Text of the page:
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G4H 2008: Serious Gaming For Health Education and Behavior Change

Food Fury Screenshot

Via: Games For Health - Sessions at Games For Health 2008
Games for Health Session - Case Study: Food Fury - A Casual Game for Nutrition

Speaker: Cynthia Phelps

In 2007, a partnership was formed between the University of Texas School of Public Health, the School of Health Information Science, and Archimage Inc. to explore the potential of casual games to be used for health education and behavior change.

The partnership was awarded a grant from to provide seed funding to create a prototype casual game and complete a pilot evaluation. Food Fury was co-developed and tested by Dr. Cynthia Phelps as part of her amazing research funded by the Aetna Foundation.

Obesity was chosen as the main health issue to address because recent research indicates it is increasing among children and adolescents.
This increase is alarming, as excess weight is associated with the development or exacerbation of chronic diseases such as cardiovascular disease and type 2 diabetes.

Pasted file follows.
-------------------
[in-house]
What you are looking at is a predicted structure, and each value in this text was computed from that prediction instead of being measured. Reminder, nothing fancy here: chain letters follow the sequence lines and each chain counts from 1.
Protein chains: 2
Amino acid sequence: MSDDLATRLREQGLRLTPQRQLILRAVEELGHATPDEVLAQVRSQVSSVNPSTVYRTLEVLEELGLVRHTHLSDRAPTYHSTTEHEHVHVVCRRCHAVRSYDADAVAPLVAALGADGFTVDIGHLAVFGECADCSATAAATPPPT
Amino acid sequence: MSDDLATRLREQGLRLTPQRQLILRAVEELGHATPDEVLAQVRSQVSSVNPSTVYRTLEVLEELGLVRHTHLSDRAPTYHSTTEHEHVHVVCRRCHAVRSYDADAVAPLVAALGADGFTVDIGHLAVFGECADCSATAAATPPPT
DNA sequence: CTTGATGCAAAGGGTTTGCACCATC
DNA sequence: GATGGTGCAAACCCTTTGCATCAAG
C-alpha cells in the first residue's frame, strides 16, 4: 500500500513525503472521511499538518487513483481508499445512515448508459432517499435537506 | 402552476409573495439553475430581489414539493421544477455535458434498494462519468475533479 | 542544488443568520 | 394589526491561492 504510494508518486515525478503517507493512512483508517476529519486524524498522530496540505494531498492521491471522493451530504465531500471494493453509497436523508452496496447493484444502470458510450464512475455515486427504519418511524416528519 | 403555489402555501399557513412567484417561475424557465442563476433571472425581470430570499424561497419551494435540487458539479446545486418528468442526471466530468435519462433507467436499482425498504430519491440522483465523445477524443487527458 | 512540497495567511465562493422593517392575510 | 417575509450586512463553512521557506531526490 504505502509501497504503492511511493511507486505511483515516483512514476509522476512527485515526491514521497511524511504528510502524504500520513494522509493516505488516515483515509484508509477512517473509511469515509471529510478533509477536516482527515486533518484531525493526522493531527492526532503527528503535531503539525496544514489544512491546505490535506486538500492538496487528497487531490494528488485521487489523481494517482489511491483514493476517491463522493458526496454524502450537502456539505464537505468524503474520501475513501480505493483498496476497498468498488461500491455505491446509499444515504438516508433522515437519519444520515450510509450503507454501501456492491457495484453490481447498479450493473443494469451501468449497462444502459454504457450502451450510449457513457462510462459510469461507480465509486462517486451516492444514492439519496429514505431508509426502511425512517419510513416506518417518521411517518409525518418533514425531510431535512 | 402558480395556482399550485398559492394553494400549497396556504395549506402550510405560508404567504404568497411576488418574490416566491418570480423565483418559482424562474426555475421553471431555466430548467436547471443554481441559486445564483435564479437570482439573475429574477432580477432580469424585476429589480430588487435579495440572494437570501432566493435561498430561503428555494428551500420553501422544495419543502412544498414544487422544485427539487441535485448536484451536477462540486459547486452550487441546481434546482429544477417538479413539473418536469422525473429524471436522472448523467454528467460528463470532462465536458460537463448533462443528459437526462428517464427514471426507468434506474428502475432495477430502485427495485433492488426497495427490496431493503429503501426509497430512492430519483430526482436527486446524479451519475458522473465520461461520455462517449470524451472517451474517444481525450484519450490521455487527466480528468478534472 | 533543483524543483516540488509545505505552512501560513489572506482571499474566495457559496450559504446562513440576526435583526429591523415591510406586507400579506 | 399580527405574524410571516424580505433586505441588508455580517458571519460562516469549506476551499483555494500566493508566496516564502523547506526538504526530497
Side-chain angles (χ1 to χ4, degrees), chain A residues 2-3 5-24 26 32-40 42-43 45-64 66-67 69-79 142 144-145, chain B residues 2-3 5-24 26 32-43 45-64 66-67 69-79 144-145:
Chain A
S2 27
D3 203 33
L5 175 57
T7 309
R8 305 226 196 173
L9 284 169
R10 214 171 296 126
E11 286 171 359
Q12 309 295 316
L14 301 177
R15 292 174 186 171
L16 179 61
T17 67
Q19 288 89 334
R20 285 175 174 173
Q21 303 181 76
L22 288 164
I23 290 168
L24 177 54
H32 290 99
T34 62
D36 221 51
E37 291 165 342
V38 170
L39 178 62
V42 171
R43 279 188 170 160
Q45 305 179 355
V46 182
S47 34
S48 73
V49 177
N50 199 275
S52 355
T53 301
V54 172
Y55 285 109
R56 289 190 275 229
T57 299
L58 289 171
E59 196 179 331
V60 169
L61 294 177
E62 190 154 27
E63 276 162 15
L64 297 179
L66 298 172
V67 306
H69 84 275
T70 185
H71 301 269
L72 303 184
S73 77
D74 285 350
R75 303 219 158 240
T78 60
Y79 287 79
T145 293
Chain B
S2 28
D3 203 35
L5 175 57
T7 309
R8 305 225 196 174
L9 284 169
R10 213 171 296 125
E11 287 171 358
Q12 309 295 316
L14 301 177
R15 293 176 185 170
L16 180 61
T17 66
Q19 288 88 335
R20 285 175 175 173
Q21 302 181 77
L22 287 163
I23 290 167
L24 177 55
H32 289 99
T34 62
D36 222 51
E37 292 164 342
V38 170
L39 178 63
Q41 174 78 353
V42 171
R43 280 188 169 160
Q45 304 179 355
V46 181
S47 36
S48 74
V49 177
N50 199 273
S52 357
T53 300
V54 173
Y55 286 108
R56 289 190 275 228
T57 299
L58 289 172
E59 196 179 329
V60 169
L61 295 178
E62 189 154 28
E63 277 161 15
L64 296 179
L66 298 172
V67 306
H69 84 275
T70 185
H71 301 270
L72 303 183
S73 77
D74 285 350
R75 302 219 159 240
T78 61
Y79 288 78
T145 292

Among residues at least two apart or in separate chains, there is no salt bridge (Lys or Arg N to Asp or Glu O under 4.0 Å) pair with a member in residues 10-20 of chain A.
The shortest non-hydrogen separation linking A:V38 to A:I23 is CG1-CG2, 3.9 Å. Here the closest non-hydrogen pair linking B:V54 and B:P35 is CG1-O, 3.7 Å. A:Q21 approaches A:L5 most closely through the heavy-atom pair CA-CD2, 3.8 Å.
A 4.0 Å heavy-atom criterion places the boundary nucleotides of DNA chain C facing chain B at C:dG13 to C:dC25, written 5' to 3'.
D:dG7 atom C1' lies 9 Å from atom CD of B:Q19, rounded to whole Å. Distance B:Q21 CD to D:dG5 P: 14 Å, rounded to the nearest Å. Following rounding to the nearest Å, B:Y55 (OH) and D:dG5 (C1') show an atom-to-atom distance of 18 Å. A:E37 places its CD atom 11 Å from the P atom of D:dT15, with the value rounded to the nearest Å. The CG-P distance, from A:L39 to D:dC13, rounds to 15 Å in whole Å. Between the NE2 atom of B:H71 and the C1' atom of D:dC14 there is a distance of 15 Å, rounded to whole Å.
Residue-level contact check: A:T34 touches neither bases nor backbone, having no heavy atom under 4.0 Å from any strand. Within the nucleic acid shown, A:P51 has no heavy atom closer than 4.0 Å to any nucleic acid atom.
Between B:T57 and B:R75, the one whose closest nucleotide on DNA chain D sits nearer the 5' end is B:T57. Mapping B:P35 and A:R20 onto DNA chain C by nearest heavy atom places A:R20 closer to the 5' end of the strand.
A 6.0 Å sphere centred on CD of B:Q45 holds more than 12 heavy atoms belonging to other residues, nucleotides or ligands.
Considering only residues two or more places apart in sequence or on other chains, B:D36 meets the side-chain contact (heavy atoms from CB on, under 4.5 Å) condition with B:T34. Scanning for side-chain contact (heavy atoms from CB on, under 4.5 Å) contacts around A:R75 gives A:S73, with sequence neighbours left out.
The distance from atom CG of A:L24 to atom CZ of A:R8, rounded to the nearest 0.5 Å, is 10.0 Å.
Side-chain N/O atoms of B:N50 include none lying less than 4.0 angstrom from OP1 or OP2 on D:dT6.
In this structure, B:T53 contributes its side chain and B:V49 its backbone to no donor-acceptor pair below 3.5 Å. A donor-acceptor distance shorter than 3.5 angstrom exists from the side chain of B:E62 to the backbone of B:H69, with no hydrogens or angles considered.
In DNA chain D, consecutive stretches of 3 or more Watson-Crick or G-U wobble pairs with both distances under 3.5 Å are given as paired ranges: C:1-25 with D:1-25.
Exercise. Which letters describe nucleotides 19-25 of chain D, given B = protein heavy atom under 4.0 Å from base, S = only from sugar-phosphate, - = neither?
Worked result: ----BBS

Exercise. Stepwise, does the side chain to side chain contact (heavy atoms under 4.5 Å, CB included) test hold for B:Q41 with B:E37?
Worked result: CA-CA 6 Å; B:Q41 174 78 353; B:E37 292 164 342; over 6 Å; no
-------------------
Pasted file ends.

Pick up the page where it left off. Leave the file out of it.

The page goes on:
Children in grades 3-5 are the targeted for the intervention because children at this age have the skills to play online casual games and they are beginning to make some of their own food choices. Targeting children is key because overweight or obese children have a higher chance of growing up to be overweight or obese adults.

Establishing good health behaviors early in life can have lasting positive effects.

The test game, Food Fury, was designed to lay the groundwork for kids to make healthy food choices.

To complete a level in the game, children must make chains of food icons, by matching like foods.

The foods are coded using the format “go, slow, whoa” where go foods are healthy foods you should eat frequently and whoa foods are high in fat and/or sugar and should be eaten infrequently.

At each level, children are required do complete 5 GO chains, 5 SLOW chains and 5 WHOA chains, before time runs out. As they achieve a new level, 6 new food items are added, increasing the challenge.

This categorization was developed by faculty at the school of public health for the CATCH program, a school based intervention that has shown to be effective in improving cardiovascular health.

After development was completed small sample (n=32) of children in grades 3-5 were presented the game to provide a bit of assessment and user testing. 
Food Fury was designed for 3rd to 5th graders. However, the game can be enjoyed by audiences as young as 3 and as old as 65: it is fun to play and very informative.